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Thursday, February 16, 2017

Ind. Decisions - Supreme Court issues 1 today, re sports injuries

In Tresa Megenity v. David Dunn, an 8-page, 5-0 opinion, Chief Justice Rush writes:

Our decision in Pfenning v. Lineman, 947 N.E.2d 392 (Ind. 2011), established a limited new rule: Indiana courts do not referee disputes arising from ordinary sports activity. Instead, as a matter of law, when a sports participant injures someone while engaging in conduct ordinary in the sport—and without intent or recklessness—the participant does not breach a duty. Id. at 404. Today we clarify that under Pfenning ordinary conduct in the sport turns on the sport generally—not the specific activity.

Here, during a karate class drill, David Dunn jump-kicked a bag, injuring Tresa Megenity, who was holding the bag. Since jump kicks are ordinary in the sport of karate generally, and no evidence supports intent or recklessness, Megenity cannot show breach as a matter of law. We thus affirm summary judgment for Dunn. * * *

The trial court granted summary judgment for Dunn, noting that the jump kick was “ordinary behavior of participants in karate within the context of a ‘kicking the bag’ drill.”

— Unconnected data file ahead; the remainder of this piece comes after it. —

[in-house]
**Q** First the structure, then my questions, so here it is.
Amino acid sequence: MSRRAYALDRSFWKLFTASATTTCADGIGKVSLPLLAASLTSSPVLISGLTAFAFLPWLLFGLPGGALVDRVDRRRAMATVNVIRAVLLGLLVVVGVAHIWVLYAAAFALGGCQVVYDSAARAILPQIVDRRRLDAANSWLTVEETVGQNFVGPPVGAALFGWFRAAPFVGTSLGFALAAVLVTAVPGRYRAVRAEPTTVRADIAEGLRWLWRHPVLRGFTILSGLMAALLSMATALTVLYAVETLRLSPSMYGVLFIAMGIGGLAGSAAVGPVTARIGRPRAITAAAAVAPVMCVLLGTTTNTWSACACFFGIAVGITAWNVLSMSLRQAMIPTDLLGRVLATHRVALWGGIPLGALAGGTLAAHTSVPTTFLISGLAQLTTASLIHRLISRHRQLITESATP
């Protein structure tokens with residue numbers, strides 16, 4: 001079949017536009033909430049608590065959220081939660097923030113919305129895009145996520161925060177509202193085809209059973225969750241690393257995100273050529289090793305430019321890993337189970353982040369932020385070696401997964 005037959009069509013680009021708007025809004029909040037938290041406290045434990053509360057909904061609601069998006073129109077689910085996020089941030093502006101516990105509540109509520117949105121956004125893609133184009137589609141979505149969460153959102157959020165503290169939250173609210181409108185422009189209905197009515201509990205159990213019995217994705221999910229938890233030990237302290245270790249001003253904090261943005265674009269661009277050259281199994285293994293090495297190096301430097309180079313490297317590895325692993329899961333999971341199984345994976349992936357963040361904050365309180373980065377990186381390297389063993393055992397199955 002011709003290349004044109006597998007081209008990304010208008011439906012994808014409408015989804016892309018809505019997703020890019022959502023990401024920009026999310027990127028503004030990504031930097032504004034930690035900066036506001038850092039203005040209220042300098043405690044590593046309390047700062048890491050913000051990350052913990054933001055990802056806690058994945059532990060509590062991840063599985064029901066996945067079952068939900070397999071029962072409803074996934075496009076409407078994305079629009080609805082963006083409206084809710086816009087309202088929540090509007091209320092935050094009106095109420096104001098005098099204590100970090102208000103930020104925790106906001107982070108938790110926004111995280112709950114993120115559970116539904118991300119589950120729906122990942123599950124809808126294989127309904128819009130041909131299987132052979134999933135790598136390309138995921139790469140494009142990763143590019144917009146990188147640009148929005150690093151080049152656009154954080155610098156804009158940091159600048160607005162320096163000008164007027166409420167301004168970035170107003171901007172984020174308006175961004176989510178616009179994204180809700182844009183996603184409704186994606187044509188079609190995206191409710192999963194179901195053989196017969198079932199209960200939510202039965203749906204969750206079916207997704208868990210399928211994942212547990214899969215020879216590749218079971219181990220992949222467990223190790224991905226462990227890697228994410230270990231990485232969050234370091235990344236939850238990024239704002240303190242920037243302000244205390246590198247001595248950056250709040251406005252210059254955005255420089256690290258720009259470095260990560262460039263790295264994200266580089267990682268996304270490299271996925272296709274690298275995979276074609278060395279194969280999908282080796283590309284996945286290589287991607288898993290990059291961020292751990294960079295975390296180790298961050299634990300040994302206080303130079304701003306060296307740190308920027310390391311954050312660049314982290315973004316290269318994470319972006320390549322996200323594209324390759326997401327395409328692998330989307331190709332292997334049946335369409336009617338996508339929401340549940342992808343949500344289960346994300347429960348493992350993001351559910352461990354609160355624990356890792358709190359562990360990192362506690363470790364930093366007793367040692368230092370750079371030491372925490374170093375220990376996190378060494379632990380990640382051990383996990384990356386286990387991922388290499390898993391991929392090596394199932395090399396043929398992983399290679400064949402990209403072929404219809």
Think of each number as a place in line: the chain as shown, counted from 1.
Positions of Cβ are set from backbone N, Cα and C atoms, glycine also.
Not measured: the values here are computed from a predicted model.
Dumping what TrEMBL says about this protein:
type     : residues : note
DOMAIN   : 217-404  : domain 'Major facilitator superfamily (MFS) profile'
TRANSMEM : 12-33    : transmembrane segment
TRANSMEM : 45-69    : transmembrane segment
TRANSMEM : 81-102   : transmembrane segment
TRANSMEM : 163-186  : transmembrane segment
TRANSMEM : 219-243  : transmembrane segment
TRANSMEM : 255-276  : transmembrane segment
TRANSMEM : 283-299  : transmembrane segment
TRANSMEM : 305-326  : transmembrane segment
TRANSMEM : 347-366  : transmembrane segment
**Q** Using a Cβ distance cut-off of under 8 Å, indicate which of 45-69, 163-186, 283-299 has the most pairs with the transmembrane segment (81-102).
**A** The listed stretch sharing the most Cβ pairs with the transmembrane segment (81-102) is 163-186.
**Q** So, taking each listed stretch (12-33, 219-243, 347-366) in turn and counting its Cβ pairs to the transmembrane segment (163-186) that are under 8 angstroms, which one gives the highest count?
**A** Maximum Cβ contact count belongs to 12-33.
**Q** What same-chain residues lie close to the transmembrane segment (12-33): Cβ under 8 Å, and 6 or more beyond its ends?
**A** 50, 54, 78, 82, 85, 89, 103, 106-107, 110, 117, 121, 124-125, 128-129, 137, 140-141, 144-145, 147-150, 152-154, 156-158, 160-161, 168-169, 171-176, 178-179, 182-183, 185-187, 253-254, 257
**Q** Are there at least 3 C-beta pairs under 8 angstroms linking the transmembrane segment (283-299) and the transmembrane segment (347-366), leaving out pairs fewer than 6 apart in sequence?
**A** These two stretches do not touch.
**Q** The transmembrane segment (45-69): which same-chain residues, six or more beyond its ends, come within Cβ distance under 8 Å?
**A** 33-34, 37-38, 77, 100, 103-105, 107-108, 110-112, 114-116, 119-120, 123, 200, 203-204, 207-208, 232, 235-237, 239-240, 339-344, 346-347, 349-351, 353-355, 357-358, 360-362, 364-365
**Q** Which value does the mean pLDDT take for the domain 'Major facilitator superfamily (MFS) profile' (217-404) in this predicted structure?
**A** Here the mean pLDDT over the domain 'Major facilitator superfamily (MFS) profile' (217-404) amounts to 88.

Megenity appealed, and a divided panel of the Court of Appeals reversed summary judgment because (1) the “‘general nature of the conduct reasonable and appropriate for a participant’ in a karate practice drill is not ‘commonly understood and subject to ascertainment as a matter of law’” and (2) questions of fact remained as to whether Dunn’s jump kick breached a duty. Megenity v. Dunn, 55 N.E.3d 367, 373 (Ind. Ct. App. 2016) (emphasis added) (quoting Pfenning, 947 N.E.2d at 403–04). Judge Riley dissented, believing that jump kicks are ordinary behavior within karate as a whole. Id. at 374 (Riley, J., dissenting).

We granted Dunn’s petition to transfer, thereby vacating the Court of Appeals decision. Ind. Appellate Rule 58(A). * * *

Like the wayward drive in Pfenning, Dunn’s jump kick may reflect poor technique or faulty execution. But it was ordinary conduct in the sport of karate generally, and no evidence shows intent or recklessness. We therefore find no breach as a matter of law and affirm summary judgment.

Posted by Marcia Oddi on February 16, 2017 11:12 AM
Posted to Ind. Sup.Ct. Decisions